The coratella, along with the rigatoni with pajata sauce and the coda alla vaccinara, is part of the core of the tradition of “quintoquarto”; these three recipe are referred to as the “poor cooking trilogy”.
The term coratella refers to the interiors of small animals such as rabbit, lamb or poultry and is thus composed of heart, liver, lungs, kidneys and spleen.
These scraps are used by almost all the regional cuisines in Italy, because in times of poverty represented an excellent source of livelihood.
There have been testimonies of the Roman Coratella since the sixteenth century. This dish, where the strong flavor of the innards is counterbalanced by the most delicate one of artichokes, from food to the poor has become an omnipresent recipe in the Roman trattorias. In Roman tradition, coratella is one of the typical foods cooked on Easter Day: the lamb is slaughtered to prepare the roast and the waste is used to prepare this delicacy.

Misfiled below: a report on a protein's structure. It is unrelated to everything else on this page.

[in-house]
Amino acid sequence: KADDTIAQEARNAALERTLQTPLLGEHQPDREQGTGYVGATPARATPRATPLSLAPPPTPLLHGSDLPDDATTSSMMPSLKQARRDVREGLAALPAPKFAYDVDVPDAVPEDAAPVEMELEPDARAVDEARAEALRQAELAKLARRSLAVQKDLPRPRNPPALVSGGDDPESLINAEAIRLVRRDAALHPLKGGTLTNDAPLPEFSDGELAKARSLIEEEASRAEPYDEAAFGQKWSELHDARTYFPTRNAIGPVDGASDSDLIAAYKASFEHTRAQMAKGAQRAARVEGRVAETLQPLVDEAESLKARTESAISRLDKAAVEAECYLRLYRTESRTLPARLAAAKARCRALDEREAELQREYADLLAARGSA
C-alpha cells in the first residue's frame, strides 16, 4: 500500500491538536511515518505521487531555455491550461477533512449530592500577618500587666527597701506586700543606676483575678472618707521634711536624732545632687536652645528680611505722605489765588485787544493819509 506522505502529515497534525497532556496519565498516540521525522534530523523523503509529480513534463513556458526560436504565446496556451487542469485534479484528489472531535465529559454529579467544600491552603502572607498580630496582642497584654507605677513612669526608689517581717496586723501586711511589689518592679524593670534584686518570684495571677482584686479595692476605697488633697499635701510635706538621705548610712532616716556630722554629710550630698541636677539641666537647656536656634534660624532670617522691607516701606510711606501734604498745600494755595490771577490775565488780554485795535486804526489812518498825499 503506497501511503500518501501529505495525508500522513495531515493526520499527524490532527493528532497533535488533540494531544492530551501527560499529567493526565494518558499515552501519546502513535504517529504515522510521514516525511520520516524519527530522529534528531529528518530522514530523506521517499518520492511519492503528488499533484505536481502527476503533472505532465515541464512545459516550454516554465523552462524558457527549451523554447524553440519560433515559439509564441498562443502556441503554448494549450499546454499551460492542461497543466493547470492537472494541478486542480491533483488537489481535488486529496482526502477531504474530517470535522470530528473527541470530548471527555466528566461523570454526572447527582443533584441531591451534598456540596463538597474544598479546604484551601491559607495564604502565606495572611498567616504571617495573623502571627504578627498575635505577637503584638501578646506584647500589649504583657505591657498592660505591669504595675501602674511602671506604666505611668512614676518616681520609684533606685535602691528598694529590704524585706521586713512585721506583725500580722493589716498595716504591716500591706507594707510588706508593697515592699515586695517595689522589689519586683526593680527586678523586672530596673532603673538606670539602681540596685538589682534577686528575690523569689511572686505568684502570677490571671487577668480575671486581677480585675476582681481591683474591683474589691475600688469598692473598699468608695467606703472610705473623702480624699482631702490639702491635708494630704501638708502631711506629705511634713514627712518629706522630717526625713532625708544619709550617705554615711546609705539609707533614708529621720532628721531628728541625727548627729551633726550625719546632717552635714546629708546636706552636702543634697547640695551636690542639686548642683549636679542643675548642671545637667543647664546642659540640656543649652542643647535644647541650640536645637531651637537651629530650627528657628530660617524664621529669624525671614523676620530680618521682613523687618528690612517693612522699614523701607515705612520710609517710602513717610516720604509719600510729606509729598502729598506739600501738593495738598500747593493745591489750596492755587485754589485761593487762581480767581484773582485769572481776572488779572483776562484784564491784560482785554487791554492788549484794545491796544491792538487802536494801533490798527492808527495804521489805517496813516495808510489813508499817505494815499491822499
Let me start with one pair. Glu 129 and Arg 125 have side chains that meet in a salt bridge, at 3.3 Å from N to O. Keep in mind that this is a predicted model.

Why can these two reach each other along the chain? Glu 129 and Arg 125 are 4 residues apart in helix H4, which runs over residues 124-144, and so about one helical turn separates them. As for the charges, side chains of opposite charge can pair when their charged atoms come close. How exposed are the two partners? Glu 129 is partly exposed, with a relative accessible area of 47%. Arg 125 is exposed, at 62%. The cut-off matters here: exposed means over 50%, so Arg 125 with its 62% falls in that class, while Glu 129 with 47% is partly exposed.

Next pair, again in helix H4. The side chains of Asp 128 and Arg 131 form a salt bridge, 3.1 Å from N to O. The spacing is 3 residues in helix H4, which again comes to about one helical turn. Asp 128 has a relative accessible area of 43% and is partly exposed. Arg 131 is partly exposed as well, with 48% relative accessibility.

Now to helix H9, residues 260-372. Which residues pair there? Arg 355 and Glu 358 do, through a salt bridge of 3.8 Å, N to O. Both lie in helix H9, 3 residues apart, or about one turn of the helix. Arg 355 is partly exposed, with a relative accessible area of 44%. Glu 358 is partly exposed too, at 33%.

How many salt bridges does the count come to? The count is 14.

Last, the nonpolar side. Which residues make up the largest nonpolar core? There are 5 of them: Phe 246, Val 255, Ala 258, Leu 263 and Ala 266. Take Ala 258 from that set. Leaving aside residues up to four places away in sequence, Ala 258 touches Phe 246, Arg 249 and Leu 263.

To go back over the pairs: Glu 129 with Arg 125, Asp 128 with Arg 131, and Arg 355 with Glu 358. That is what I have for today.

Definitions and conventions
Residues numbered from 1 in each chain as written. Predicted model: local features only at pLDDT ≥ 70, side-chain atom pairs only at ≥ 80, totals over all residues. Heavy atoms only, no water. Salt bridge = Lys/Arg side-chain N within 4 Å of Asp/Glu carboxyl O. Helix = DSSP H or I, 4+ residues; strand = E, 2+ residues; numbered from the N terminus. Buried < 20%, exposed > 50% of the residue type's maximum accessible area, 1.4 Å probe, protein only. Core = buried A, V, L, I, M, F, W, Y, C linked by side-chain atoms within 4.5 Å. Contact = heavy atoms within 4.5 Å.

Here we propose the recipe of the coratella alla romana. The secret to its success is in cooking the ingredients one at a time, so they soften well.
The recipe is for 4 persons.
- 1 coratella (heart, liver, lungs)
- 4 artichokes
- ½ glass of white wine (or 1 lemon)
- olive oil
- Salt and Pepper To Taste.
- Separate the components of the coratella (heart, liver and lungs) and cut them into small pieces.
- Cut the artichokes in thin slices and chop the onion.
- In a large frying pan, add a little oil and the chopped onion.
- Add the lungs first and let them cook for a few minutes in medium heat.
- In the meanwhile, prepare another frying pan with a little oil and cook the artichokes, always in medium heat. If necessary, add some water or broth.
- In the pan with the lungs, add the heart and raise the flame a bit, mixing from time to time.
- Once the artichokes are cooked, pour them into the frying pan and add the liver.
- Add salt and pepper and add lemon juice or white wine (as you like); let it reduce for about a minute and serve the coratella.